Tango is a standalone RESTful Web service that runs and manages jobs. A job is a set of files that must satisfy the following constraints:
- There must be exactly one
Makefilethat runs the job.
- The output for the job should be printed to stdout.
Example jobs are provided for the user to peruse in
clients/. Tango has a REST API which is used for job submission.
Upon receiving a job, Tango will copy all of the job's input files into a VM, run
make, and copy the resulting output back to the host machine. Tango jobs are run in pre-configured VMs. Support for various Virtual Machine Management Systems (VMMSs) like KVM, Docker, or Amazon EC2 can be added by implementing a high level VMMS API that Tango provides.
A brief overview of the Tango respository:
tango.py- Main tango server
jobQueue.py- Manages the job queue
jobManager.py- Assigns jobs to free VMs
worker.py- Shepherds a job through its execution
preallocator.py- Manages pools of VMs
vmms/- VMMS library implementations
restful_tango/- HTTP server layer on the main Tango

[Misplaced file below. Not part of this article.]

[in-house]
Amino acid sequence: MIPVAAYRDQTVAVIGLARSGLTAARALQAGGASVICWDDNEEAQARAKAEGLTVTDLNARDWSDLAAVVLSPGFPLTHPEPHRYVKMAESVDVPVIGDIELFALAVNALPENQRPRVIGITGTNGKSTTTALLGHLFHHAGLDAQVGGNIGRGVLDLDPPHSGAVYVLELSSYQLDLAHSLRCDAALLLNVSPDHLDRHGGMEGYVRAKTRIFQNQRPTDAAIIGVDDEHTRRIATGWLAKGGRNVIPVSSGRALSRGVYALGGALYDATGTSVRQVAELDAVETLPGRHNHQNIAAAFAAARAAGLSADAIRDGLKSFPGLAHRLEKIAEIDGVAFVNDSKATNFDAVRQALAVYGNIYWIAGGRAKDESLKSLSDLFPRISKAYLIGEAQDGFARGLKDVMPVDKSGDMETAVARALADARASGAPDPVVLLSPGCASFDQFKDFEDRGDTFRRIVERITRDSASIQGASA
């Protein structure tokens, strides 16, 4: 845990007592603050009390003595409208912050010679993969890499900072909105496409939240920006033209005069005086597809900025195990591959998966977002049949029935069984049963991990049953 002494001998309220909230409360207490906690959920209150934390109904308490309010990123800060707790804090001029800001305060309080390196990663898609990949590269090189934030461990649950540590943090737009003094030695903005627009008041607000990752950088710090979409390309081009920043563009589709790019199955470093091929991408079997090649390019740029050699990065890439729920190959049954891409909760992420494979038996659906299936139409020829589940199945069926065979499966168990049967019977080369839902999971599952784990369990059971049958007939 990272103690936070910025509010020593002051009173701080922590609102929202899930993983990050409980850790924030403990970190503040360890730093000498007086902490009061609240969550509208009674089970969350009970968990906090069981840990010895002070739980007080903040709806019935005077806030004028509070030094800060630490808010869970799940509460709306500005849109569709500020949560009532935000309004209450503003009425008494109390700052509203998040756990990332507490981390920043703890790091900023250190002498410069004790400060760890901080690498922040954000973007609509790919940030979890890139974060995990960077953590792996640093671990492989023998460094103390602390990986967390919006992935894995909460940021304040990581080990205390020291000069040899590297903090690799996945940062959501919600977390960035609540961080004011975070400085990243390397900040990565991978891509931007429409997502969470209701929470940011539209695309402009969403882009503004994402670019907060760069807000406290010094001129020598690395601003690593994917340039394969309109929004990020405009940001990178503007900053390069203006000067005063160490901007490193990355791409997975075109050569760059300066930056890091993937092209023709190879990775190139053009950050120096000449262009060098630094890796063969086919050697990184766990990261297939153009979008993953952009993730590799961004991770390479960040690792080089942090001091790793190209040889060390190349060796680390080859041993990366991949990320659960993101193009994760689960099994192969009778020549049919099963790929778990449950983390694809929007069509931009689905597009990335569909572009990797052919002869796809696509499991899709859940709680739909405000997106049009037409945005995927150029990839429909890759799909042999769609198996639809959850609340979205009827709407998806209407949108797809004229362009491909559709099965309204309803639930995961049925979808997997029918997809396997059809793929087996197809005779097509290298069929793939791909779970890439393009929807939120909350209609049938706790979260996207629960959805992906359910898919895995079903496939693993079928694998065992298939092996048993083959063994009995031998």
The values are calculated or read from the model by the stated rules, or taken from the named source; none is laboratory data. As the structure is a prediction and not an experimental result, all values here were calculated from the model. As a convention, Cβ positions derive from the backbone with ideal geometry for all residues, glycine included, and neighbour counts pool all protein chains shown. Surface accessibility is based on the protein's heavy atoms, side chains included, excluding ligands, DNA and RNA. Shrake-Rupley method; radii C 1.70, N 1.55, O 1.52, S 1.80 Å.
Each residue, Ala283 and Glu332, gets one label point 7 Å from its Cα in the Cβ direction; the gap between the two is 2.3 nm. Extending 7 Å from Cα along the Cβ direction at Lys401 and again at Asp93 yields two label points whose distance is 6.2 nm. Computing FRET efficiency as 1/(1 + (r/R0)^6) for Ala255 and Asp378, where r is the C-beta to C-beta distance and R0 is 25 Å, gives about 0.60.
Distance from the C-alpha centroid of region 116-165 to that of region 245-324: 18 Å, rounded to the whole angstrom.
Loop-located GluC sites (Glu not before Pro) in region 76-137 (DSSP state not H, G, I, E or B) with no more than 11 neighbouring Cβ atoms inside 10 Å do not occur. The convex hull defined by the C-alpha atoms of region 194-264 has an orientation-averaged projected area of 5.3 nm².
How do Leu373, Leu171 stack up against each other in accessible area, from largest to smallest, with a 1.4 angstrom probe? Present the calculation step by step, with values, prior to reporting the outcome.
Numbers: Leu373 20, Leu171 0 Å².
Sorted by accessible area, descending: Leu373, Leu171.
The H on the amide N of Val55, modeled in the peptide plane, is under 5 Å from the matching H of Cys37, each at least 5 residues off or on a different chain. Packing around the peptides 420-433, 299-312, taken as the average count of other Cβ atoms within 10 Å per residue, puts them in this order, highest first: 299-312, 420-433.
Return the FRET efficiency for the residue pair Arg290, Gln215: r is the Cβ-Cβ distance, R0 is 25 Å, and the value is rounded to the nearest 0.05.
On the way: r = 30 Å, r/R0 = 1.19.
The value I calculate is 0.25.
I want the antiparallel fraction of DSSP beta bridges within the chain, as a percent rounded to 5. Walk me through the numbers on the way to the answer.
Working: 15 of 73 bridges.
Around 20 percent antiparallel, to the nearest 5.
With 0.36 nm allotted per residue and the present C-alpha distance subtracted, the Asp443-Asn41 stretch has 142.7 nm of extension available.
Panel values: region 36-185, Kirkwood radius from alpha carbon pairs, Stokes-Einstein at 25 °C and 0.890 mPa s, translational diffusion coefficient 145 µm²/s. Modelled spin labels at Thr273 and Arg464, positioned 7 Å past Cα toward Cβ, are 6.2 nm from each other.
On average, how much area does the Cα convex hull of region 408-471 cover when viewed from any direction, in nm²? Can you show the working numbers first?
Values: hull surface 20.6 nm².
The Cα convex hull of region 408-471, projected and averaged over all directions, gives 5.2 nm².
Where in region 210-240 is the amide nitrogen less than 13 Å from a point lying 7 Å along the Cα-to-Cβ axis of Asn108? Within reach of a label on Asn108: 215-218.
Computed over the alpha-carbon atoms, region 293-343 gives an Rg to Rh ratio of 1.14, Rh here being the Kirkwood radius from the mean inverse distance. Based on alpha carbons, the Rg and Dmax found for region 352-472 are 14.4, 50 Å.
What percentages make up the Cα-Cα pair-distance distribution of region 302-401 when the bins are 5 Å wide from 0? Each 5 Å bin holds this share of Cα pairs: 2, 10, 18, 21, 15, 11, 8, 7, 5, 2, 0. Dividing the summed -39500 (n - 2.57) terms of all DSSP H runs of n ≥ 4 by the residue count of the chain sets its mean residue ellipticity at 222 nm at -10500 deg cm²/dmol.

Tango was developed as a distributed grading system for Autolab at Carnegie Mellon University and has been extensively used for autograding programming assignments in CMU courses.
Please feel free to use Tango at your school/organization. If you run into any problems with the steps below, you can reach the core developers at
email@example.com and we would be happy to help.
- Follow the steps to set up Tango.
- Read the documentation for the REST API.
- Read the documentation for the VMMS API.
- Test whether Tango is set up properly and can process jobs.
Python 2 Support
Tango now runs on Python 3. However, there is a legacy branch master-python2 which is a snapshot of the last Python 2 Tango commit for legacy reasons. You are strongly encouraged to upgrade to the current Python 3 version of Tango if you are still on the Python 2 version, as future enhancements and bug fixes will be focused on the current master.
We will not be backporting new features from
Contributing to Tango
- Fork the Tango repository.
- Create a local clone of the forked repo.
- Make a branch for your feature and start committing changes.
- Create a pull request (PR).
- Address any comments by updating the PR and wait for it to be accepted.
- Once your PR is accepted, a reviewer will ask you to squash the commits on your branch into one well-worded commit.
- Squash your commits into one and push to your branch on your forked repo.
- A reviewer will fetch from your repo, rebase your commit, and push to Tango.
Please see the git linear development guide for a more in-depth explanation of the version control model that we use.
Tango is released under the Apache License 2.0.